Because of his beliefs against cruelty to animals, Steve does not eat any animal products. Steve's diet has been a huge issue the entire time he has been in custody, and he has continually struggled to get vegan food. He has repeatedly been denied vegan food, and has often gone hungry rather contribute to the oppression of animals.
On November 9th, the jail's chaplain told Steve that in order to get vegan meals, a prisoner at the jail has to "have a recognized religion." Since Steve is not claiming religious reasons for wanting vegan food, but his "own beliefs against animal cruelty," they are denying Steve the diet he needs.
Perhaps you could send Captain Turney some literature telling of the horrors of the meat, diary, and egg industries, or send him your favorite vegan recipe so he will have some ideas of what Steve should be fed. If you would rather call the jail, the telephone number is 503-988-3689. Please take a few minutes to help Steve in whatever way you can. He is a really nice guy and seems to truly care about the environment and animals. He hasn't even been convicted of a crime, but jail officials are demanding that he go against his values so that he does not starve.
I am excited to announce that City Repair has started hosting the Cascadia Hour Exchange, a local currency & barter group that has been operating for a while (they just moved from meeting at Peoples Co-op) in the regional area.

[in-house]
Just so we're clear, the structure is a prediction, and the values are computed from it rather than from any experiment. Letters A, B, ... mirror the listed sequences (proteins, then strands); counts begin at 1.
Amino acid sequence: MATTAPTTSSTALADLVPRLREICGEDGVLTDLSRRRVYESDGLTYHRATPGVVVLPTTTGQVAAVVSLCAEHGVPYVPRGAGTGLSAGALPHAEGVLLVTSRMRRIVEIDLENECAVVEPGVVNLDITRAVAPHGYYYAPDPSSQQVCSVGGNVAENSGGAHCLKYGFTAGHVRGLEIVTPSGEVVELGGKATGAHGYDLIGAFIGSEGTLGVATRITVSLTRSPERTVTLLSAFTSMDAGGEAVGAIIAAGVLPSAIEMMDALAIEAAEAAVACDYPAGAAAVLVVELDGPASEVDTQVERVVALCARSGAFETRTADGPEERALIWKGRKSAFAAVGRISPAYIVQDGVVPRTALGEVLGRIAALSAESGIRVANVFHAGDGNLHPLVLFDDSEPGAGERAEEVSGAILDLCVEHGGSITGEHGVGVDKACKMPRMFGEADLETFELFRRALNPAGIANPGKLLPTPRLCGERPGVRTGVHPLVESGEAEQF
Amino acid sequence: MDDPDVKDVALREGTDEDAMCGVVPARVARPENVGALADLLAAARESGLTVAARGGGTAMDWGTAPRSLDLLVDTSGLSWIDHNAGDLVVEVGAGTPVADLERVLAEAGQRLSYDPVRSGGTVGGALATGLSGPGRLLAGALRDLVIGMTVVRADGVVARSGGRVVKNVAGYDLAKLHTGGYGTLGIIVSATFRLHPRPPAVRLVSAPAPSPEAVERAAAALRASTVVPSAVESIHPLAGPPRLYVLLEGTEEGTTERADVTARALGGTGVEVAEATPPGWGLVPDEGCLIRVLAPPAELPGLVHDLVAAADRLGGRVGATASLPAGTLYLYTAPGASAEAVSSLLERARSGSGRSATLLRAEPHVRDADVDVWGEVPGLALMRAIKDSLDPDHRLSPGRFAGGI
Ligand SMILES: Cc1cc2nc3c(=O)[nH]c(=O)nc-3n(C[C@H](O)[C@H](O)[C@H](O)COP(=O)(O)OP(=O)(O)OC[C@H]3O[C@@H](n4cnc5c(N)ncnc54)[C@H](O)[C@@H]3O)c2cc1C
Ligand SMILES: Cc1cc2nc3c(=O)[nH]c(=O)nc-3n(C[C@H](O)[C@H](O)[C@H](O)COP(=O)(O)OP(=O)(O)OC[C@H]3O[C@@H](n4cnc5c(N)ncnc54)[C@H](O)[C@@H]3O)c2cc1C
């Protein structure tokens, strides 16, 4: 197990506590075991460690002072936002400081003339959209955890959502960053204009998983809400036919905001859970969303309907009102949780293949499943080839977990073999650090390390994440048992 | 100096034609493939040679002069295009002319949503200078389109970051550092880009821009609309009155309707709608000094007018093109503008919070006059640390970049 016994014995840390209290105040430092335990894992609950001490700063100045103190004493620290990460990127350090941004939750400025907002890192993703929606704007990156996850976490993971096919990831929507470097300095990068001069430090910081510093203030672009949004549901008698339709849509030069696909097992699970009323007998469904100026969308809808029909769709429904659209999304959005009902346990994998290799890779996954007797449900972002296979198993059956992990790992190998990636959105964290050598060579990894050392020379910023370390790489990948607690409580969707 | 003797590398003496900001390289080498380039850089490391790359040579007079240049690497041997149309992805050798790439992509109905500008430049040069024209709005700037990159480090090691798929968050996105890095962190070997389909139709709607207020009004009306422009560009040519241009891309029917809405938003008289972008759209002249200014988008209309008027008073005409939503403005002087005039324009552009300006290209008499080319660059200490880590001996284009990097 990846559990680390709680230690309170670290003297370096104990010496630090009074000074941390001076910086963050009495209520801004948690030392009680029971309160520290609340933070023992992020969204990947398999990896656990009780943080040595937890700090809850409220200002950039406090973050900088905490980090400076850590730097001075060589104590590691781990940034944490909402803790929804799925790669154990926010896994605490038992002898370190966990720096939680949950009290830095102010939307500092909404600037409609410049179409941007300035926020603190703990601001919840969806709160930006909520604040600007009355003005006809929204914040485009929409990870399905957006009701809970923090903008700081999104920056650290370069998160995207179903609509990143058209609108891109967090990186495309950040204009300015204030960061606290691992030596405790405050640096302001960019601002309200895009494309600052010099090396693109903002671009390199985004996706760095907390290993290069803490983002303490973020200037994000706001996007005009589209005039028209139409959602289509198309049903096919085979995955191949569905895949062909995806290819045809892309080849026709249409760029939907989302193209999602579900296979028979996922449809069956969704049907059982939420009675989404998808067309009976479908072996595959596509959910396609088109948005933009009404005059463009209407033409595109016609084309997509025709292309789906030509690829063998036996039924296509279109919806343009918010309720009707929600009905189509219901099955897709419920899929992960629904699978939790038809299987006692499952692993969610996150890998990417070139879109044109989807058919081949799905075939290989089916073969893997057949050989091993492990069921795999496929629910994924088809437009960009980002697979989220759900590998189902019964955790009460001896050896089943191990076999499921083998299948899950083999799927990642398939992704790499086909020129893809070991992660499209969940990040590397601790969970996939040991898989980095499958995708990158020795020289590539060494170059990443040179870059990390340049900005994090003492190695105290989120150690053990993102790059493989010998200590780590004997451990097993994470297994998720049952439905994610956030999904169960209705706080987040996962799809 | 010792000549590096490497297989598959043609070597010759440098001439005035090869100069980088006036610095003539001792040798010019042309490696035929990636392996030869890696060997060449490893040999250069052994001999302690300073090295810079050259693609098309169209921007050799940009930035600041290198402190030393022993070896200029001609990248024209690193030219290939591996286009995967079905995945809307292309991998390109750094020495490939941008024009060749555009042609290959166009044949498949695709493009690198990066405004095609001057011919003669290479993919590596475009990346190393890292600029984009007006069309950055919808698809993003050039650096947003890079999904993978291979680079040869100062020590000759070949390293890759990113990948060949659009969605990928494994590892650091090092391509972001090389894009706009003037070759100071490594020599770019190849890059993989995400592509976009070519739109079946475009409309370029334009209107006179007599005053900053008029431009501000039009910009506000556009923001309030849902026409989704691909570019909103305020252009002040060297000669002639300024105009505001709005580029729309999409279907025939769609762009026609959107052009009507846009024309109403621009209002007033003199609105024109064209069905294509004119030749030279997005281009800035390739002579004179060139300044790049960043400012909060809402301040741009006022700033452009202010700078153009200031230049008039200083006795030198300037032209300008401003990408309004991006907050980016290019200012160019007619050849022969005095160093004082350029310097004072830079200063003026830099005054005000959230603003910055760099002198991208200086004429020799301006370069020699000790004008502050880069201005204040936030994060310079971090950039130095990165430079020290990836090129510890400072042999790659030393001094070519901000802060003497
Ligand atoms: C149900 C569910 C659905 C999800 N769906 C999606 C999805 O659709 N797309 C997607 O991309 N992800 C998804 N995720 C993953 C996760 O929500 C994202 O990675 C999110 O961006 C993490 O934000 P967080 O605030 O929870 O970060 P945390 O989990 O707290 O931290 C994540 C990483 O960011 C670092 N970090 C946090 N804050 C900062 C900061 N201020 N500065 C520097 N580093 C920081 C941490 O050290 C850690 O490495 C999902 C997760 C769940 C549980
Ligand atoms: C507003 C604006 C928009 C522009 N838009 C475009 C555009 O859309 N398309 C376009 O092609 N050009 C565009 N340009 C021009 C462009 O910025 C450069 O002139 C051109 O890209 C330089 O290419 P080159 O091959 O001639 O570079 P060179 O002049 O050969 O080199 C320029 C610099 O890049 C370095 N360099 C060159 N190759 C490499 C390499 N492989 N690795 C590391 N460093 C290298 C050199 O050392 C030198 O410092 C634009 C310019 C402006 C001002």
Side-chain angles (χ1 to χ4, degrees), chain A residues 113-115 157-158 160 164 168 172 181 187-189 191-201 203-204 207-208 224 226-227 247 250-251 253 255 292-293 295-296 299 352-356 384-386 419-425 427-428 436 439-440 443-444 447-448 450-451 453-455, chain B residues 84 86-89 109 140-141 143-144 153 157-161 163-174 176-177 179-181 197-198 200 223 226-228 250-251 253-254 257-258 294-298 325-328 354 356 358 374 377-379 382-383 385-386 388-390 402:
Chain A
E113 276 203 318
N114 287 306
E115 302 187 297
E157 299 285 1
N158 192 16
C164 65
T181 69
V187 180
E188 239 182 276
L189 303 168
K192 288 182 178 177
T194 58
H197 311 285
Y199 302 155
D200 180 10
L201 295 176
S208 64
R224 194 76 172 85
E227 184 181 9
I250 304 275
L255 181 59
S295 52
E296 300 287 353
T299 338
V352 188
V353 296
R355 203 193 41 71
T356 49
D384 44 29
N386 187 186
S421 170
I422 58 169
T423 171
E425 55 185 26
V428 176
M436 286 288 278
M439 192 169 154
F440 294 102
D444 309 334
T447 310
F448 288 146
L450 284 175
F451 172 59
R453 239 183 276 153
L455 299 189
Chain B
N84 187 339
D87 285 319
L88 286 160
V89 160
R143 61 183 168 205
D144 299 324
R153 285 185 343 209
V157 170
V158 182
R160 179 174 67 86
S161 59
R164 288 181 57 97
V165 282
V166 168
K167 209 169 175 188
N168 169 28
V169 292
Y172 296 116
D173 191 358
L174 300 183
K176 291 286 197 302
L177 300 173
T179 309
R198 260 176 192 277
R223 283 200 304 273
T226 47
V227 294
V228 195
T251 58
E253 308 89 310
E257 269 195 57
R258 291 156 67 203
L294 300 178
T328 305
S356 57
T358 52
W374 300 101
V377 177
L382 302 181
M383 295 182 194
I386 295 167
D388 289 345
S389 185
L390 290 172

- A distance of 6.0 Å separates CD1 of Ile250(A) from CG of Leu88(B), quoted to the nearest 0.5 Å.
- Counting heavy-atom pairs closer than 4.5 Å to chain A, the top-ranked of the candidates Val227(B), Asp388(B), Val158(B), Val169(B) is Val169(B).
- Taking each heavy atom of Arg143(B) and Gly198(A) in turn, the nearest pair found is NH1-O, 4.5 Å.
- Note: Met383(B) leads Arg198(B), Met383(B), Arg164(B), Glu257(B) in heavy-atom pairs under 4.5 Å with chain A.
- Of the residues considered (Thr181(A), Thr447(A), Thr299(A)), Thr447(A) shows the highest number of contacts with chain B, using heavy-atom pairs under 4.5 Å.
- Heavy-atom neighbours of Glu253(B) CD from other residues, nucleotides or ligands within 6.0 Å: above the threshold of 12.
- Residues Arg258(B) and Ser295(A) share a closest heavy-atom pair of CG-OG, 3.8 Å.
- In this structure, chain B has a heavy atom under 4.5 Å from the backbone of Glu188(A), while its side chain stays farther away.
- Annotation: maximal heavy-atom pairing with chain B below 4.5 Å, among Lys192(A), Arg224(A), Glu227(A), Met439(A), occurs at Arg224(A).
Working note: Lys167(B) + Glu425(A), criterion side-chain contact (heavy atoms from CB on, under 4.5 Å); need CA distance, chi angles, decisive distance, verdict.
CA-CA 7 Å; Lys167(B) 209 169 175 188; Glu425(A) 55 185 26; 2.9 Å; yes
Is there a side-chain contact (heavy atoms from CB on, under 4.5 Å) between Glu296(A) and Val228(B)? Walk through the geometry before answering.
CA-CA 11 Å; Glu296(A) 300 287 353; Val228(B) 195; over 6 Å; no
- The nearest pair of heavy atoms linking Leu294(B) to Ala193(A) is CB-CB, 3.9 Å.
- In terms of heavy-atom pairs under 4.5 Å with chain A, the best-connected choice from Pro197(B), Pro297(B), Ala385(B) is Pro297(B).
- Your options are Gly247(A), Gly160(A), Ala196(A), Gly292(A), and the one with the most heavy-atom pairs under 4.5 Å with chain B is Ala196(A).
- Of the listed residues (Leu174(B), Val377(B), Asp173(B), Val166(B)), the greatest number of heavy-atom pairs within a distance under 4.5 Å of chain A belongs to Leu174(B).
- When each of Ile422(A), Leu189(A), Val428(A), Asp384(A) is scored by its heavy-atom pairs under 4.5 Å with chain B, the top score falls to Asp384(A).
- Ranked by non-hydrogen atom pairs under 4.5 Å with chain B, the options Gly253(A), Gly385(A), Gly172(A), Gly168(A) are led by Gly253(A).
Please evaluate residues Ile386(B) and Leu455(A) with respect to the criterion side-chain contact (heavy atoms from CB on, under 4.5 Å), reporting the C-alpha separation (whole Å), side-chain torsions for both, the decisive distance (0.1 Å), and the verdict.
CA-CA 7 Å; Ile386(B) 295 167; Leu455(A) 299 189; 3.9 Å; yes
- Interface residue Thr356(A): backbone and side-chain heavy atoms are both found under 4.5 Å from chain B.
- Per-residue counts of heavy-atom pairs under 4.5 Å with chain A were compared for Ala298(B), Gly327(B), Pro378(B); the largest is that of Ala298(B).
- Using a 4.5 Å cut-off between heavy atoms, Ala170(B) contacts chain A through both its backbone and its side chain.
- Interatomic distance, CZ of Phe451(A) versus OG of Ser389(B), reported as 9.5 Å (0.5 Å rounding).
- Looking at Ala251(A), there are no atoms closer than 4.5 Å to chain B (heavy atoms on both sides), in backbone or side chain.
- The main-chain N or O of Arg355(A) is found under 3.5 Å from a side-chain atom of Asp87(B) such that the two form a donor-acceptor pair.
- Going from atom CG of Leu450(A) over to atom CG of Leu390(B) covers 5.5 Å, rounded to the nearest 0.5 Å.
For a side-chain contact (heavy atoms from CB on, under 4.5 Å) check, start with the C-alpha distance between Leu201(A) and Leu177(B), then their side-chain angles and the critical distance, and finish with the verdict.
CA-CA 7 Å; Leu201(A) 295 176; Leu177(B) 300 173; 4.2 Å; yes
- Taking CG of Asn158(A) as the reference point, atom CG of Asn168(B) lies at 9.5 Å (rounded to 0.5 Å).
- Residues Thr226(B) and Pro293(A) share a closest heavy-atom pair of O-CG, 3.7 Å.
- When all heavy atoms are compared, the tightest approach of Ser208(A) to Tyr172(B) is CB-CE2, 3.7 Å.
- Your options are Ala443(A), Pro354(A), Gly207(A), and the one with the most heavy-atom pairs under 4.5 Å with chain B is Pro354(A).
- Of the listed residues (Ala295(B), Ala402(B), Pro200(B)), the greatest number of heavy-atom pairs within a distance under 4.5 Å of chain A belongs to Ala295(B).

I am hoping that the activist community can help support this group to grow into a true alternative to our current worldwide money system. Keep it local!
Sunday, Dec 18th
3:00pm - 6:00pm
City Repair Cooperative Space
2122 SE Division Ave (near Red & Black Café)
The Oxygen Collective, an Ashland, OR-based non-profit organization, and the newly formed Southern Oregon Gulf Coast Relief Network today announced plans to travel to New Orleans in early December. Members of both groups intend to support the ongoing grassroots hurricane relief efforts coordinated by Common Ground. Common Ground is a community-run organization offering assistance, mutual aid and support to the New Orleans communities that have been historically neglected and under served.
Local resident and educator Peter O'Connell traveled to the region two months ago to work with Common Ground. He is planning to return again with the Oxygen Collective and Southern Oregon Gulf Coast Relief Network. "I will never forget the images of desperate people suffering the initial tragedy of Hurricane Katrina. This tragedy has been compounded by the failures of FEMA and the federal, state and local governments to adequately address the needs of the affected communities. Into this void, Common Ground has stepped in to do the work that needs to be done," said O'Connell.
Momentum is building for what will be a great protest! If your organization wants to sign on, send an email to email@example.com